4 Ways 3D Printing is Changing the World
When we build scale models, we slowly but surely build something amazing out of nothing, but we typically start with all the pieces we need. However, with the introduction of 3D printers, the ability to quickly build solid 3-dimensional objects has become a global phenomenon. For most people 3D printing is still limited to creating small household objects, toys, or replacement components, but we’ve compiled a list of the more innovative uses of this amazing technology.
3D Printed Prosthetics
It was once an expensive and difficult practice to create fully functioning prosthetic body parts for people who had lost limbs, but 3D printing is increasingly changing the lives of adults and children alike.
In late 2015, an exhibition held in Norwich Castle saw volunteers offering free 3D printed prosthetic hands to children in need. Several families attended the event, including Mark Stevens, whose daughter Frankie was born without a left hand.
3D printed prosthetics mean that another limb can be created quickly and affordably
Mr Stevens said, “It is incredible what can be done. If she could become the girl with the robot hand rather than the girl with no hand, it would put a positive spin on things.”
The artificial hand, aka the Raptor Reloaded, only costs £10 for materials, and allows the user to grip through the use of carefully designed elastic chords. The trouble with child prosthetics is that the price can become excessive due to regular replacements caused by the child’s growth, but 3D printed prosthetics mean that another limb can be created quickly and affordably.
For a lot of people a pet is like another member of the family, and as such, when they get injured we want to do anything we can to help ease their pain and suffering. Historically, if they were unfortunate enough to lose a limb, there was little that could be done to help them. But 3D printing changes that now – makeshift wheelchairs or prosthetic legs allow them to run and play as though nothing ever happened.
Prosthetic legs allow them to run and play as though nothing ever happened
In September 2015, a small kitten named Cassidy was found in a Canadian forest, starving, missing his hind legs, and close to death. He was delivered to a non-profit organisation, Tiny Kittens, who messaged on Facebook asking for some assistance. 17-year-old students Josh Messmer and Isaiah Walker responded to the plea, designing and building a bespoke wheelchair. With the aid of his tiny wheelchair, Cassidy was able to walk again, and has steadily recovered.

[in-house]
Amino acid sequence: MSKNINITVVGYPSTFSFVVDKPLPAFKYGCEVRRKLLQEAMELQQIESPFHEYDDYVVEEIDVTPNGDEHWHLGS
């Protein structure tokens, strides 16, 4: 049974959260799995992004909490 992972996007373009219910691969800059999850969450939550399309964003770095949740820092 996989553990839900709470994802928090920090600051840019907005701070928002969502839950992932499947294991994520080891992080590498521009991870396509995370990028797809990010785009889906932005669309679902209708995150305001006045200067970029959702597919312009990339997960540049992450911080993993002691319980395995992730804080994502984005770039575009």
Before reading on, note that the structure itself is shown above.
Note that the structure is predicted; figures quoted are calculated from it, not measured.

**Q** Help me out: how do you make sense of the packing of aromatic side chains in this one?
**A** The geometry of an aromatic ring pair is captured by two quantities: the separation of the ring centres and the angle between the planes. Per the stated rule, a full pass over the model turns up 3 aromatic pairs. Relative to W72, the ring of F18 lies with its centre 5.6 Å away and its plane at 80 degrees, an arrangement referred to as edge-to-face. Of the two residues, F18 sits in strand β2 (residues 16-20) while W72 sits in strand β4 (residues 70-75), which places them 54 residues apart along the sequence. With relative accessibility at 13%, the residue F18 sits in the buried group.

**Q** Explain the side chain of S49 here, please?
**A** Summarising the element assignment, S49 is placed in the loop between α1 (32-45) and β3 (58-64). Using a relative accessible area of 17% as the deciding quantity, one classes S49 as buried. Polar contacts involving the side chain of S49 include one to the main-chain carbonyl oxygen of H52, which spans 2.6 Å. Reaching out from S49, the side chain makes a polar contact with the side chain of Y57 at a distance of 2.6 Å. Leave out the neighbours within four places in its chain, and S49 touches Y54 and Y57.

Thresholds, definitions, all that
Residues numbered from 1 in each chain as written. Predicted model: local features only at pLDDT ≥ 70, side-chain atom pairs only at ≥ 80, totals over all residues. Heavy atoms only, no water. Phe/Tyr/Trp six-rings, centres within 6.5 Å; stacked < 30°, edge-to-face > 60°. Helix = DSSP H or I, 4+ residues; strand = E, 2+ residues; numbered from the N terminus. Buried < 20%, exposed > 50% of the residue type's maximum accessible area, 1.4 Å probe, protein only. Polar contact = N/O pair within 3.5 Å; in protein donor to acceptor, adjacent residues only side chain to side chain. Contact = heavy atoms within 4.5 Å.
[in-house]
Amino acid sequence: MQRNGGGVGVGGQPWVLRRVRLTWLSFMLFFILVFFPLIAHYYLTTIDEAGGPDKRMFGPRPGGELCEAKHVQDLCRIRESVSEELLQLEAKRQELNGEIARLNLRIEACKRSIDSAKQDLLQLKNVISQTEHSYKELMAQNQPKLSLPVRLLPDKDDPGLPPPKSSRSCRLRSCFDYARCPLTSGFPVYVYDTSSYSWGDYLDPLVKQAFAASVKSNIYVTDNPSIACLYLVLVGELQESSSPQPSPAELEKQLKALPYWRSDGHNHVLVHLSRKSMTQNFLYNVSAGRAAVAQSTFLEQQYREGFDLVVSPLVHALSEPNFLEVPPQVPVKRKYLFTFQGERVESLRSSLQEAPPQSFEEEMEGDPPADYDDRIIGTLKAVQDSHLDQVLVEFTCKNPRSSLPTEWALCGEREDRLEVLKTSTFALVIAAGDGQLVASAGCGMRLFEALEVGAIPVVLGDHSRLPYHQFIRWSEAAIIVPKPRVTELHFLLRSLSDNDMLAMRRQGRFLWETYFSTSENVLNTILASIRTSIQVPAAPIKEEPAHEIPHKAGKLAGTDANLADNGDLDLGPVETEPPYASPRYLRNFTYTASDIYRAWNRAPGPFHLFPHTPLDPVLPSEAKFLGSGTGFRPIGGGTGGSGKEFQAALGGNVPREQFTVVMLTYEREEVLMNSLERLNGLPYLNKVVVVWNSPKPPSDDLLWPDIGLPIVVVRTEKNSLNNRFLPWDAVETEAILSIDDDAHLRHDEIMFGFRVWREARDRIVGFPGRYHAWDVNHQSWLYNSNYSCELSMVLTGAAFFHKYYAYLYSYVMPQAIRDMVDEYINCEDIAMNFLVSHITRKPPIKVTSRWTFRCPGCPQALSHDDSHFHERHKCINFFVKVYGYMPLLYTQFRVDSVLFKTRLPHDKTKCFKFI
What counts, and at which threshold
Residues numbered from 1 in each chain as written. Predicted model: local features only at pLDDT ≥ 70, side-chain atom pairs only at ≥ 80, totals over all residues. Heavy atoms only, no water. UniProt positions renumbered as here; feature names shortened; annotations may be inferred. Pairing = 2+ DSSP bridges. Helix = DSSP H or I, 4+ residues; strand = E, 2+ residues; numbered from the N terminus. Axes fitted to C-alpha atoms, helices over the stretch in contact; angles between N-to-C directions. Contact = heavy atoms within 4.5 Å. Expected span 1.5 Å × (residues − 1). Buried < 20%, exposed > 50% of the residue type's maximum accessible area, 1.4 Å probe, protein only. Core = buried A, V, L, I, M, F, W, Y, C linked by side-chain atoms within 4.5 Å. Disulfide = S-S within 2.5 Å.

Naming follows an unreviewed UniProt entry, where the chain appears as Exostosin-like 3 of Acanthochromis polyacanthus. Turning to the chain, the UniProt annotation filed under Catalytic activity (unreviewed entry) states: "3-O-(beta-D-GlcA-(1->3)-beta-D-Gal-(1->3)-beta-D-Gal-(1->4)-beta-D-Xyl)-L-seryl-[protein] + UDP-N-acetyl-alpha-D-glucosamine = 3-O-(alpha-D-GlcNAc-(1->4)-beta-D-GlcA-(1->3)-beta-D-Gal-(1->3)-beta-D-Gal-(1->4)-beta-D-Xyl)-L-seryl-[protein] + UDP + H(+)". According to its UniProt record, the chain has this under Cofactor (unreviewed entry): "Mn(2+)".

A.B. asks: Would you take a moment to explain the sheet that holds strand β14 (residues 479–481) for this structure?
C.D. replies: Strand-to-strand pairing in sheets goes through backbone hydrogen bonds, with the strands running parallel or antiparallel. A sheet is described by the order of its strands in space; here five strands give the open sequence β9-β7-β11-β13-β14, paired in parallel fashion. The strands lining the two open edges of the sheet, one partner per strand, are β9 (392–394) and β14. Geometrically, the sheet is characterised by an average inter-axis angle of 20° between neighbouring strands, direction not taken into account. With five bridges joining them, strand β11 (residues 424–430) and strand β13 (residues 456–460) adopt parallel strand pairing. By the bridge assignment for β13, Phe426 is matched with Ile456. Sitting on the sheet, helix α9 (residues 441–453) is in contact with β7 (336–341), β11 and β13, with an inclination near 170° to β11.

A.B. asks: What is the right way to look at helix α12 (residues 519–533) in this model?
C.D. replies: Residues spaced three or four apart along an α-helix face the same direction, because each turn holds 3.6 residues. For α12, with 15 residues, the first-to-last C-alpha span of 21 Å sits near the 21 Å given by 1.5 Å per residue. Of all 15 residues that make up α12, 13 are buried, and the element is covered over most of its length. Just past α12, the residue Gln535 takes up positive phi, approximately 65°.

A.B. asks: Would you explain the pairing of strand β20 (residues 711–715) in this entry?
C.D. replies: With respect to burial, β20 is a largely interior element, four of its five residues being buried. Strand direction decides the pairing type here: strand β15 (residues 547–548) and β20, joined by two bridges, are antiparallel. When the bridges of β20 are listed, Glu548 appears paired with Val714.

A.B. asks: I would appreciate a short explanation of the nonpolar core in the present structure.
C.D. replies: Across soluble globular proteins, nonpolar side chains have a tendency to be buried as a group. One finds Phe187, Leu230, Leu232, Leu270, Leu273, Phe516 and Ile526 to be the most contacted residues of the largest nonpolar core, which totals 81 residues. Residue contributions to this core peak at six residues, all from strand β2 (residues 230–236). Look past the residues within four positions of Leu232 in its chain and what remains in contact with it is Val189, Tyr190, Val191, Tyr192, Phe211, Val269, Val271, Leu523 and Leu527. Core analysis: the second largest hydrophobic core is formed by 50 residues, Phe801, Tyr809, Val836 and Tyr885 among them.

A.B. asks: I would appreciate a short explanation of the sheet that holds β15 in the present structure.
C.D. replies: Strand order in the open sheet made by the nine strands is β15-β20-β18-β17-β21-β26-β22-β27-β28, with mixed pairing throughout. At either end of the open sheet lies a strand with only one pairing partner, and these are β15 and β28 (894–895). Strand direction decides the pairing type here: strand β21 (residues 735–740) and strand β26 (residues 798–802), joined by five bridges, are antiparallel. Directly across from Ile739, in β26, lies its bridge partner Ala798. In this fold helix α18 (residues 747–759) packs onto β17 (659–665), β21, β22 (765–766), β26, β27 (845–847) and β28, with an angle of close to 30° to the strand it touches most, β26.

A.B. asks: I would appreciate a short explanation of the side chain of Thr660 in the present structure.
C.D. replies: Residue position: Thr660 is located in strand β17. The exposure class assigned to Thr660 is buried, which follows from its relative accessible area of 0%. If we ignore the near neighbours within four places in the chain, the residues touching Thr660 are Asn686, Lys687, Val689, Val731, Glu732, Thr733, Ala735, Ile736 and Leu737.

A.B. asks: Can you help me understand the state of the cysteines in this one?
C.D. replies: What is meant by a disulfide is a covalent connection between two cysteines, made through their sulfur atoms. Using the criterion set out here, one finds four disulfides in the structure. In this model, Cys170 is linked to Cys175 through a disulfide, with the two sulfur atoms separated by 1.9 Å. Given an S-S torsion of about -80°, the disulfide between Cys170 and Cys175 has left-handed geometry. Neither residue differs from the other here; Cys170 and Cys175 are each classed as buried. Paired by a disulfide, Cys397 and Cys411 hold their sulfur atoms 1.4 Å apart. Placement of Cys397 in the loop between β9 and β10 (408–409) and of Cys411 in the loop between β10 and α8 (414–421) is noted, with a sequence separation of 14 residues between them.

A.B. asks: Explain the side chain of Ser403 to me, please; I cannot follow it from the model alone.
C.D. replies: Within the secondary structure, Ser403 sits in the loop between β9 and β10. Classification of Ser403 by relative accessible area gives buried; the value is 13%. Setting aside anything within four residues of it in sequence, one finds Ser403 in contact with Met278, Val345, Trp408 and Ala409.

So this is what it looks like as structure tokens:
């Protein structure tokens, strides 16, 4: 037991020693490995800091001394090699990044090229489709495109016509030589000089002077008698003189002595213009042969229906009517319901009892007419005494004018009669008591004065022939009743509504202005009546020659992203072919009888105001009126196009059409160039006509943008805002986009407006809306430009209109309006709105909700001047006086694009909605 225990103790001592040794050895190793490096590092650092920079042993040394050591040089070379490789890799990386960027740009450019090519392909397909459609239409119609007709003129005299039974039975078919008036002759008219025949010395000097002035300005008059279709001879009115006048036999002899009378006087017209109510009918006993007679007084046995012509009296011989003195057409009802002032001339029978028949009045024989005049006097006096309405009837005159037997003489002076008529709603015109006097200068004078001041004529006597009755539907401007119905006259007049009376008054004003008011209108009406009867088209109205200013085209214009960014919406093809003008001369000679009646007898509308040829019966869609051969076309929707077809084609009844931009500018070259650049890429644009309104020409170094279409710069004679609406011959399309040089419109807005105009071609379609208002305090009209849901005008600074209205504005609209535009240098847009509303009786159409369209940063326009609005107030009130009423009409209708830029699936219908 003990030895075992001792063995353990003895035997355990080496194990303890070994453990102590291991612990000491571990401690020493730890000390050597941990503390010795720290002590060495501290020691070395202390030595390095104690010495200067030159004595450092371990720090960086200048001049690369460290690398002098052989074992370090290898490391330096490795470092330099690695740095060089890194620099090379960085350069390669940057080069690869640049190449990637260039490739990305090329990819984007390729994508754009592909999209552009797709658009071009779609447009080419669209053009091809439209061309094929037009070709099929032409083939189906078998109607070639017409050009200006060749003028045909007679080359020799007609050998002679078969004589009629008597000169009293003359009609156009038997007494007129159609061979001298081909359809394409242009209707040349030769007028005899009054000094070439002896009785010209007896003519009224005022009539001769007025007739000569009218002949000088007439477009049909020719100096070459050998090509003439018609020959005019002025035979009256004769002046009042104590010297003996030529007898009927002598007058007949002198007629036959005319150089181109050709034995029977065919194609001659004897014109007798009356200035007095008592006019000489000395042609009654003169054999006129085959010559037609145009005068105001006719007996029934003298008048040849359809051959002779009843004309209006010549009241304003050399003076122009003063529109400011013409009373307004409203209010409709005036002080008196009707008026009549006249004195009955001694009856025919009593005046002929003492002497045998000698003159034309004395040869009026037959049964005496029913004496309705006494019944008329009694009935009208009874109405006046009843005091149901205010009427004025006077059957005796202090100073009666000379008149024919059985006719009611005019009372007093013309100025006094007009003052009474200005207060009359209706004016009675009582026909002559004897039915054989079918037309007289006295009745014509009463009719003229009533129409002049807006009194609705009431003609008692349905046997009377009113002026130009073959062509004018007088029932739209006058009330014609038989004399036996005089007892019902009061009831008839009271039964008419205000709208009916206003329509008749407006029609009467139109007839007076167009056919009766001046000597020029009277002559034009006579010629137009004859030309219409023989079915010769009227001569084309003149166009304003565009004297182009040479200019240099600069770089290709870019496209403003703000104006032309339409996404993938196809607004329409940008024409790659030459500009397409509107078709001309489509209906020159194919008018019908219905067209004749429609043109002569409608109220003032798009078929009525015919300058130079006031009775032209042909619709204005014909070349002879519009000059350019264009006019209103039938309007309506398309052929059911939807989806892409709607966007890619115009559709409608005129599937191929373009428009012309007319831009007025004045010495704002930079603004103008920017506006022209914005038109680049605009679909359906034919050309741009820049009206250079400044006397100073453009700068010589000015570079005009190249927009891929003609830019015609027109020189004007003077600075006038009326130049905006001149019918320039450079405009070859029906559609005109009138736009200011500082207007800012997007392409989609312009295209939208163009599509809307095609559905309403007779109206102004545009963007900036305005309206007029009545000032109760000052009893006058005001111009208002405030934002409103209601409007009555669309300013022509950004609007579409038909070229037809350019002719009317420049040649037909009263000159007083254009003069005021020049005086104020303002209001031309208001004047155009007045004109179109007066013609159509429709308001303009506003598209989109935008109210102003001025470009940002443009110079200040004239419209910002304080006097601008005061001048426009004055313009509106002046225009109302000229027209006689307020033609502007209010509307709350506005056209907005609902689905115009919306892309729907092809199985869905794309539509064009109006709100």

Medical science is perhaps the biggest area that 3D printing is having a positive impact, with innovative and forward-thinking doctors embracing the technology to assist in previously impossible or difficult surgeries, and in some cases creating living body parts to explore new medical realms.
The below video shows how a Chinese infant received the world’s first successful 3D printed cranium reconstruction – a ground breaking procedure which allowed the 3-year-old girl, Han Han, to finally lift her skull without assistance from others. The process required the creation of three titanium mesh implants to replace the top of her skull, with Han Han expected to make a full recovery.
Buildings Made Easy
Constructing a house or office building is typically a drawn out, laborious process, but creative companies are embracing 3D printing to design and build properties in a fraction of the time and energy.
In an effort to effectively combat the global housing crisis, the World’s Advanced Saving Project (WASP), an Italian engineering company, created a 20-foot wide, 40-foot tall metal 3D printer named Big Delta. Using the additive manufacturing procedure (layering), the printer can build entire houses out of sustainable materials such as clay and dirt, and will be particularly useful for disaster or war relief projects.
Though our idbox 3D printer doesn’t quite have the capacity to build wheelchairs, human hearts, or a block of flats, it is still capable of building a wide variety of fantastic products. If you could 3D print anything, what would you build? Let us know in the comments!